A Castle in Cleveland

A horse and carriage would look right at home parked in the turn-around of this Bratenahl property’s front drive, which may be why it’s been dubbed “Downton Abbey minutes from downtown Cleveland.”

This French Normandy “castle” stands at more than 9,600 square feet with incredible views of Lake Erie, living up to its billing inside and out. Designed by Cleveland architect James Hamilton in 1923, this house has nine bedrooms and 10 bathrooms. Its grand hall features a walk-in fireplace and beamed ceilings. But it’s got at least three things Downton Abbey never had: indoor and outdoor pools, plus access to a private beach.

 



A True Relic

This 117-year-old Colonial has quite the pedigree, as it was once home to William Cullen Rudd and his wife Mary (nee Rockefeller—yes, that Rockefeller) and their Rudd Pharmacy. It was also used by the Children's Guild of Cleveland as a girls' home in the 1960s.

At 7,200 square feet, the sprawling house in East Cleveland has seven bedrooms and five baths with features including crown molding and hardwood floors. There is a private suite on the third floor which could potentially be turned into a special AirBNB or rental for additional income. Despite its size and rich history, the last known sale of this home was 2012 for an incredible $40,900.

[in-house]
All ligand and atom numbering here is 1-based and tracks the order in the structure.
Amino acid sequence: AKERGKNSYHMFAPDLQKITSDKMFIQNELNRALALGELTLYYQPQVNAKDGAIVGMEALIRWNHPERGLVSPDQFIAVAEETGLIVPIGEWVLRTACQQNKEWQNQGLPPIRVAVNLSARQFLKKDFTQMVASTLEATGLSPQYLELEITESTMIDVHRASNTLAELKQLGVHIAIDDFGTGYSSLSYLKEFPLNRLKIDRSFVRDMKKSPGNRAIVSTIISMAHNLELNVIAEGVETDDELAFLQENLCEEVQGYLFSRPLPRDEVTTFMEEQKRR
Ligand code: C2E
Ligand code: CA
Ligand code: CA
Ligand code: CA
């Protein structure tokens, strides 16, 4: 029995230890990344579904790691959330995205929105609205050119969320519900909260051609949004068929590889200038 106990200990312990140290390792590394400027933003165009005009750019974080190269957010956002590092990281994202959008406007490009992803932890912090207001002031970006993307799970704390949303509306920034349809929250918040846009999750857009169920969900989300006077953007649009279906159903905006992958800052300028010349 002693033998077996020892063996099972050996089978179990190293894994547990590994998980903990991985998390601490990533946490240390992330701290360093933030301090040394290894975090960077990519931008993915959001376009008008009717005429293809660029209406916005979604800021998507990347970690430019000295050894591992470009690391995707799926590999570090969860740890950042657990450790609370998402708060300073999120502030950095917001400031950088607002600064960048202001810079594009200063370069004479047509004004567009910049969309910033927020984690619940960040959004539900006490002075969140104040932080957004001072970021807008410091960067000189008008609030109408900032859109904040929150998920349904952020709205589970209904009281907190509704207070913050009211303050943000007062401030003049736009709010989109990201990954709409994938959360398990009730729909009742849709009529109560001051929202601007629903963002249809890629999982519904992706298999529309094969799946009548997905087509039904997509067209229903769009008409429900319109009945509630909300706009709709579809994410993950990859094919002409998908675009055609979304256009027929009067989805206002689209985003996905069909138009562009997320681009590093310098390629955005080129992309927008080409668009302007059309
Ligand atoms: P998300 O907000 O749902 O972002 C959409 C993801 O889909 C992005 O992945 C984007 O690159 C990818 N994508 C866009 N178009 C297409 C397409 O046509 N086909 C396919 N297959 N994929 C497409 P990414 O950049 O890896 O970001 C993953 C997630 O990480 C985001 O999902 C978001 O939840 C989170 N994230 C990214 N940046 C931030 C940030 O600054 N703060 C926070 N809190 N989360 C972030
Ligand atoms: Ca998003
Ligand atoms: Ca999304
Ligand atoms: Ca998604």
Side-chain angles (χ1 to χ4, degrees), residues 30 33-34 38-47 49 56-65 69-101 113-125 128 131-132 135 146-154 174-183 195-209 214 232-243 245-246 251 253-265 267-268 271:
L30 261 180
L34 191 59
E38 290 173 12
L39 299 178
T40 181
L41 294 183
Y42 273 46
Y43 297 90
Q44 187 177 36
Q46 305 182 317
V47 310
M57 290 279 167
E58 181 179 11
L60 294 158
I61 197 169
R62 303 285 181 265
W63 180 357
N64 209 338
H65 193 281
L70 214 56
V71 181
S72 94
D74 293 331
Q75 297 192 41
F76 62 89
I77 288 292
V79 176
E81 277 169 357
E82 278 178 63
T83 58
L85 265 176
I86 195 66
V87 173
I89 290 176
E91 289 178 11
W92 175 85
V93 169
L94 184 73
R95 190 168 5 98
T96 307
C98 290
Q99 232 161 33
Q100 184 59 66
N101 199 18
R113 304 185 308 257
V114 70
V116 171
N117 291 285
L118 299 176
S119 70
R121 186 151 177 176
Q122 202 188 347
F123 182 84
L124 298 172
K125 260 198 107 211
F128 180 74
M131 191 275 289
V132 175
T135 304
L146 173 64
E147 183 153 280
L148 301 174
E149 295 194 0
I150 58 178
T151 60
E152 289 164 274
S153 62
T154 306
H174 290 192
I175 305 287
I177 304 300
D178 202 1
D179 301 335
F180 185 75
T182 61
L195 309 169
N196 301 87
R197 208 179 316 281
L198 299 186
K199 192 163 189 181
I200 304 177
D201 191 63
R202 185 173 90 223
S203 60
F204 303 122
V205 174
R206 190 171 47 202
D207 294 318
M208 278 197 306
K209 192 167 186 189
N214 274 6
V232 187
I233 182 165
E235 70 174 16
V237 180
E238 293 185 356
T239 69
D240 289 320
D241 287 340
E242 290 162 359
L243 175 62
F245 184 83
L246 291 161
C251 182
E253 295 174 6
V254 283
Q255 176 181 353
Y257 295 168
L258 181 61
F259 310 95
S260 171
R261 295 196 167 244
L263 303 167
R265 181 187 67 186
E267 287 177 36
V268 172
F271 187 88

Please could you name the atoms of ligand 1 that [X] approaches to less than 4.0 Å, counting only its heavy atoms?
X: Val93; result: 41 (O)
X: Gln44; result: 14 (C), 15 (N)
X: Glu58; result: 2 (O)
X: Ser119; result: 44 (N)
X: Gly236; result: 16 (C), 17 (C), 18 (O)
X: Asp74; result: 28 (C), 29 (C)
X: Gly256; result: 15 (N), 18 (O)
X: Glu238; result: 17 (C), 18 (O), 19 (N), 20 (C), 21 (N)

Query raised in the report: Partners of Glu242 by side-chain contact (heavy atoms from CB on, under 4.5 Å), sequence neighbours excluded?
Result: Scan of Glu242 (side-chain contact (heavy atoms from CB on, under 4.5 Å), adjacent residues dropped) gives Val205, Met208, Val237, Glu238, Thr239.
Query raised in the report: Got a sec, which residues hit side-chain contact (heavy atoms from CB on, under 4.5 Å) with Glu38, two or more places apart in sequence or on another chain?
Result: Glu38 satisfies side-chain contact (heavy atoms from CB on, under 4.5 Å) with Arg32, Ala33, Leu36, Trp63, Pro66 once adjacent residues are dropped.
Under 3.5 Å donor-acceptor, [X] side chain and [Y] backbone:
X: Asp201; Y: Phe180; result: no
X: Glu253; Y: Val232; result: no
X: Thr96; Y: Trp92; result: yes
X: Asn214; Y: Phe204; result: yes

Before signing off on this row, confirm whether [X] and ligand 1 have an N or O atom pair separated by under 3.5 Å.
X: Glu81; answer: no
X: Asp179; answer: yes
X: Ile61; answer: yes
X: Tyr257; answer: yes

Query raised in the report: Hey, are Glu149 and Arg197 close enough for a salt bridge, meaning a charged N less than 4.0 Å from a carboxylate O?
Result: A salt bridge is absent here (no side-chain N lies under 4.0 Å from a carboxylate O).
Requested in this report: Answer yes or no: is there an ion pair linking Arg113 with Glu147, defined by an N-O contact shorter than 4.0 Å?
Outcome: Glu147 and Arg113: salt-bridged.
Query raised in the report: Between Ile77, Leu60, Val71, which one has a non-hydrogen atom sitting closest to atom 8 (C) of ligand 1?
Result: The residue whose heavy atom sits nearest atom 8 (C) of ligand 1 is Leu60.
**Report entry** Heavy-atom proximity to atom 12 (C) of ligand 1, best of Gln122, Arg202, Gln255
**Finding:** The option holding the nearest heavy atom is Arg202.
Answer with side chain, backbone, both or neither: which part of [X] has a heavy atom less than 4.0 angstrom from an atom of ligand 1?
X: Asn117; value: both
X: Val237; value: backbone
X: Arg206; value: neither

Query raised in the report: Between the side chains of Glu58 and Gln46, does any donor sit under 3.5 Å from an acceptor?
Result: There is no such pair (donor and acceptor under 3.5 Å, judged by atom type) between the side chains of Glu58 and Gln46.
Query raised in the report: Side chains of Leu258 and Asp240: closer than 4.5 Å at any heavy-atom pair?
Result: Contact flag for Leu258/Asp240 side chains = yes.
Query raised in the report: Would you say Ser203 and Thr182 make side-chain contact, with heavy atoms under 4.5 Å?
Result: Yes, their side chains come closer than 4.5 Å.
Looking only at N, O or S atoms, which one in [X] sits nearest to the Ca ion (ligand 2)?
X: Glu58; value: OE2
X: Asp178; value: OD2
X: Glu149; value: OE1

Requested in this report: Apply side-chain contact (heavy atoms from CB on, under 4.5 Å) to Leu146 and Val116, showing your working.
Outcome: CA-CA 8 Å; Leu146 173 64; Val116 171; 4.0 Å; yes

Igniting a Neighborhood
Built in 1854 (with an addition in 1878 when Cleveland took over Ohio City), this property was once a fully functioning firehouse. But when Graham Veysey and his business partner/fiancée (now wife) Marika Shioiri-Clark discovered it in 2011, the building had been sitting dormant for five years. That’s when Veysey and Shioiri-Clark stepped in with a grand vision.

Not only did the couple turn the firehouse into their home (complete with three authentic fire poles and a ladder leading to the bedroom loft), but they also created a coworking space and wooed first-floor businesses like Rising Star Coffee, Urban Orchid, and more. They dubbed the neighborhood “Hingetown” for its location between the Market District, Detroit-Shoreway, and the Warehouse District. To their surprise and delight, the moniker stuck and helped spark the area’s transformation.

Though they now live elsewhere in Ohio City, the converted firehouse retains its meaningful status as the place that started it all.

FreshWater intern Marlee Berlan contributed reporting to this story.